The World Health Organization (WHO) has released its first-ever global testing recommendations for viral hepatitis, following a special session at the 26th Conference of the Asian Pacific Association for the Study of Liver (APASL), held last week in Shanghai. 

According to a press release, the guidance addresses testing for both hepatitis B virus (HBV) and hepatitis C virus (HCV), which combined kill an estimated 1.4 million people worldwide every year. 

The new guidelines identify whom to test, where to test, how to test and how to connect people to hepatitis care and treatment if they test positive. WHO estimates that currently more than 300 million people globally are likely living with a chronic hepatitis B or C infection but that less than 5 percent have been tested or are aware of their diagnosis.

The first part of WHO’s recommendations urge the use of rapid diagnostic tests for hard-to-reach populations and targeted testing in groups most at risk for a hepatitis B or C infection. This includes people who inject drugs, people living with HIV, children whose mothers have HBV or HCV and people with symptoms or blood test results suggestive of a liver infection. The guidelines also recommend testing health workers and prison populations worldwide and offering universal hepatitis B vaccination.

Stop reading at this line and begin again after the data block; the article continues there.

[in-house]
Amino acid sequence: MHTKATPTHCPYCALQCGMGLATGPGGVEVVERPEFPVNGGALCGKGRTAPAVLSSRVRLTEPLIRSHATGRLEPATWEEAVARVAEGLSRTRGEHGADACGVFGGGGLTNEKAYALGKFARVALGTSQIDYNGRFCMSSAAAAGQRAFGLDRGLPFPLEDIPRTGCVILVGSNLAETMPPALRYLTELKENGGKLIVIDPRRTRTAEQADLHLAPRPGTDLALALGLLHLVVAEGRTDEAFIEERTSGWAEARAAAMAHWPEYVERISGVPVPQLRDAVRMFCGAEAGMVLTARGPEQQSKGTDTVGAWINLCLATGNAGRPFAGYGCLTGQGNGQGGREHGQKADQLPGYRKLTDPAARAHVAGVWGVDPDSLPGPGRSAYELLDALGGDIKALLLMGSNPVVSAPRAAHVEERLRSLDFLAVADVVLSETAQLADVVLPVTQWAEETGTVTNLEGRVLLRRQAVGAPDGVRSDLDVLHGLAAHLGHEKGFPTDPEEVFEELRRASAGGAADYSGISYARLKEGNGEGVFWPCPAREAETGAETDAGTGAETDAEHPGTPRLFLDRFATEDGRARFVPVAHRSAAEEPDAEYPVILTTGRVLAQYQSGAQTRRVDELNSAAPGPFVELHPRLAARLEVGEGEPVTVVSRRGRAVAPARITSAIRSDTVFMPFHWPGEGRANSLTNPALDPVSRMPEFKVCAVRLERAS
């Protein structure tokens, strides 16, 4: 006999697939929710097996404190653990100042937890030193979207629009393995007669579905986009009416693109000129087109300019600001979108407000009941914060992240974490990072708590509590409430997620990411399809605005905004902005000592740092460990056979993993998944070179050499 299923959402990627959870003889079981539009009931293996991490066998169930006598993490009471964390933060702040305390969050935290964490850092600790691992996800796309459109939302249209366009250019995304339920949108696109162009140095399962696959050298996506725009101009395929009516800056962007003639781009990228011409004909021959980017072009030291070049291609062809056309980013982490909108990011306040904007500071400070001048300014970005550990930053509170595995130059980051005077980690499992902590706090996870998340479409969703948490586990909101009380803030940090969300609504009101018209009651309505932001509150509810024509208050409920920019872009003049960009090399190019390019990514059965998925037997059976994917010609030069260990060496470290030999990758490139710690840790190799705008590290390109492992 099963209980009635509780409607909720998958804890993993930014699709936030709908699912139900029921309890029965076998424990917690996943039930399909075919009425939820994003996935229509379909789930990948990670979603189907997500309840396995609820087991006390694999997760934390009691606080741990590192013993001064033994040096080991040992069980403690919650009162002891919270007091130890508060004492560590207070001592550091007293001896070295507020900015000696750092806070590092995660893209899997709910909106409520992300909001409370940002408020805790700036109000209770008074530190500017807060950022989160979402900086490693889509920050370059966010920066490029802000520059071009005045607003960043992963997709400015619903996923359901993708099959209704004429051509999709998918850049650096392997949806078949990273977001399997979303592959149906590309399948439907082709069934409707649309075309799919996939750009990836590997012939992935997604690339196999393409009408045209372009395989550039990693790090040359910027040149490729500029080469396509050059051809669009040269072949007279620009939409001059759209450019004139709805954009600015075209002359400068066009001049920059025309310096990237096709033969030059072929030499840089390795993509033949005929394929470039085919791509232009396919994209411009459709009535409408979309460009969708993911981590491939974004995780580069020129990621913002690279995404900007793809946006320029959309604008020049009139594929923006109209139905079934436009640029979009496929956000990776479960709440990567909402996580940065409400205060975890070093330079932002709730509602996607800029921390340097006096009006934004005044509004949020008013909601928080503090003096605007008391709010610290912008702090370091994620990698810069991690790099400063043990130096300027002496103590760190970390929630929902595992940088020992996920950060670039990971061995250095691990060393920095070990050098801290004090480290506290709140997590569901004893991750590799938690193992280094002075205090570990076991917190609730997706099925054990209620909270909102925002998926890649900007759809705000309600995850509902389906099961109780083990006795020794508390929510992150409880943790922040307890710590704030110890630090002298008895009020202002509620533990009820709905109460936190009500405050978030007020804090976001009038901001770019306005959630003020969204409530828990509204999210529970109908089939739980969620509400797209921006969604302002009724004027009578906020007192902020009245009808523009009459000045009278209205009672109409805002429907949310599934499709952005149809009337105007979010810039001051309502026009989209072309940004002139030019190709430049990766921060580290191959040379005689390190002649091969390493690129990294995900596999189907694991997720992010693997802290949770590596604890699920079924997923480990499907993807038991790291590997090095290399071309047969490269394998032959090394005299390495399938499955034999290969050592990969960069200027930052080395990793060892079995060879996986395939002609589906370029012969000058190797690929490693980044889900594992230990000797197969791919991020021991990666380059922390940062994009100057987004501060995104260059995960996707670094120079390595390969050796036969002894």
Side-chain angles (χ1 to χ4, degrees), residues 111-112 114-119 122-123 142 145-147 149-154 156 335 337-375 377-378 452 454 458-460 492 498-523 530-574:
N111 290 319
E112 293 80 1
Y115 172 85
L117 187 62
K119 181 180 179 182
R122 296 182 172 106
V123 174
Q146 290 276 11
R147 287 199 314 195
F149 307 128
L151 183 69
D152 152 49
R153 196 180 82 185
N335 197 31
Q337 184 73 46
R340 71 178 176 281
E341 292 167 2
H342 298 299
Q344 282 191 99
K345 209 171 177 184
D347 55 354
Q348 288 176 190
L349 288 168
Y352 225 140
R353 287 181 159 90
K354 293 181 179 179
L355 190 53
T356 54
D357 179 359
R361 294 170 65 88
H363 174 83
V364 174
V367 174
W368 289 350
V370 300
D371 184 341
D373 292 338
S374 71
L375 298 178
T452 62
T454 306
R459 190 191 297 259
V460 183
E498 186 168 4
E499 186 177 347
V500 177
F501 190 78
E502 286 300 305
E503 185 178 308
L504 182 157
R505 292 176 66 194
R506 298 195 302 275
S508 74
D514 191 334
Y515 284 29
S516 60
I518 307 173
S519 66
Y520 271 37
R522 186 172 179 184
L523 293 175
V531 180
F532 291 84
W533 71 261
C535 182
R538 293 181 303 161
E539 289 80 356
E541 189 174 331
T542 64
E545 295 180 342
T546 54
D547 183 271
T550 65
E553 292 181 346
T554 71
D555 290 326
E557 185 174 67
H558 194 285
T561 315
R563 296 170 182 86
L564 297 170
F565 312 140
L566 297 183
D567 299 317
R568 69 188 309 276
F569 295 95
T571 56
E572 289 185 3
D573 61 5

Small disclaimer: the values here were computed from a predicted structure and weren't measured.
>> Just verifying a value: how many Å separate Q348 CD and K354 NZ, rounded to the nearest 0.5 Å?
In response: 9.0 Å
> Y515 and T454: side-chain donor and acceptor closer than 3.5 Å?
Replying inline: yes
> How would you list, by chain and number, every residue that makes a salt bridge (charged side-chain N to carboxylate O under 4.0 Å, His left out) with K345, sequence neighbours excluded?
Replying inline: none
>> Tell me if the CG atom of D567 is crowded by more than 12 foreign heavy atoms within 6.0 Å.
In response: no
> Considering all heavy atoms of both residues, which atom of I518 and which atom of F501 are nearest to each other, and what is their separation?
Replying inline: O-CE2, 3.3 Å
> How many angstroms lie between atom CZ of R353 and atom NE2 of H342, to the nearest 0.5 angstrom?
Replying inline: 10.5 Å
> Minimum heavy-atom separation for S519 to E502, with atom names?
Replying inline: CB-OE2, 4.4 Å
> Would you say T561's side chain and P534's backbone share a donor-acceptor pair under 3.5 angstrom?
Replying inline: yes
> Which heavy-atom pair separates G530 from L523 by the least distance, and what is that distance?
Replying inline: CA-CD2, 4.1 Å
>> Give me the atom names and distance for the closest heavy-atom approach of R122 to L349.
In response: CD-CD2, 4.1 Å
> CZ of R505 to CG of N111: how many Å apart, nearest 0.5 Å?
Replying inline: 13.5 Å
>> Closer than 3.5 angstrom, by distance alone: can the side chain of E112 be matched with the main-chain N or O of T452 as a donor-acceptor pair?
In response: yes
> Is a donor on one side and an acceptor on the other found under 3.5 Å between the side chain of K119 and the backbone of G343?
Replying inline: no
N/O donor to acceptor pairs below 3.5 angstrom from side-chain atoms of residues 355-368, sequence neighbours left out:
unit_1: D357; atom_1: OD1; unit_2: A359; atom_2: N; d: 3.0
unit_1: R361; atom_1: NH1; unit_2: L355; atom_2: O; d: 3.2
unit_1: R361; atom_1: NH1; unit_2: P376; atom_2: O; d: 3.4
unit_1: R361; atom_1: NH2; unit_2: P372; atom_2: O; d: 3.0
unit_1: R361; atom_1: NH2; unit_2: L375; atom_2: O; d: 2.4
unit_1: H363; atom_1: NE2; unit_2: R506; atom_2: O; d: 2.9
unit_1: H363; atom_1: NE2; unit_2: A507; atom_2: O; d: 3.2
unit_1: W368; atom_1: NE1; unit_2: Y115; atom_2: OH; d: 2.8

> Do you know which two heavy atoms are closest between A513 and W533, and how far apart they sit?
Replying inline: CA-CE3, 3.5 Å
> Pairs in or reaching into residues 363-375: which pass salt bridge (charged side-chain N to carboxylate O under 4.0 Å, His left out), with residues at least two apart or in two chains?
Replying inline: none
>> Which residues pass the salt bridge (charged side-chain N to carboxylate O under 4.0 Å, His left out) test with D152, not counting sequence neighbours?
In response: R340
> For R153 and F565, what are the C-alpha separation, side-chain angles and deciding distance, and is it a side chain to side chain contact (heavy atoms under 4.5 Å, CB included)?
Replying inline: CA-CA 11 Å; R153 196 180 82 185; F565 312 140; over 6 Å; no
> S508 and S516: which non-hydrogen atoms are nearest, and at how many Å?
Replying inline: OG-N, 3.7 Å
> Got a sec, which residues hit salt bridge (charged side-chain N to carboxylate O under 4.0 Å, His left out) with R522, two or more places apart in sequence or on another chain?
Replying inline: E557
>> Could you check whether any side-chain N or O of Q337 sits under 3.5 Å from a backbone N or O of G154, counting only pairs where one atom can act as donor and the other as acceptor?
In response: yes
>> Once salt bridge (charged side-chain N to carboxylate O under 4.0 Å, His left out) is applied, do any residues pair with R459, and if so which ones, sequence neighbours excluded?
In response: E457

WHO’s guidelines also recommend that countries promote the uptake of hepatitis testing and linkage to care via trained community health or peer health workers, strengthen their lab facilities and capitalize on services and staff from exisiting testing programs, such as HIV. 

The new testing guidelines follow recommendations from WHO presented in the fall of 2016 on hepatitis B and C prevention, care and access to treatment. To learn more about that, click here.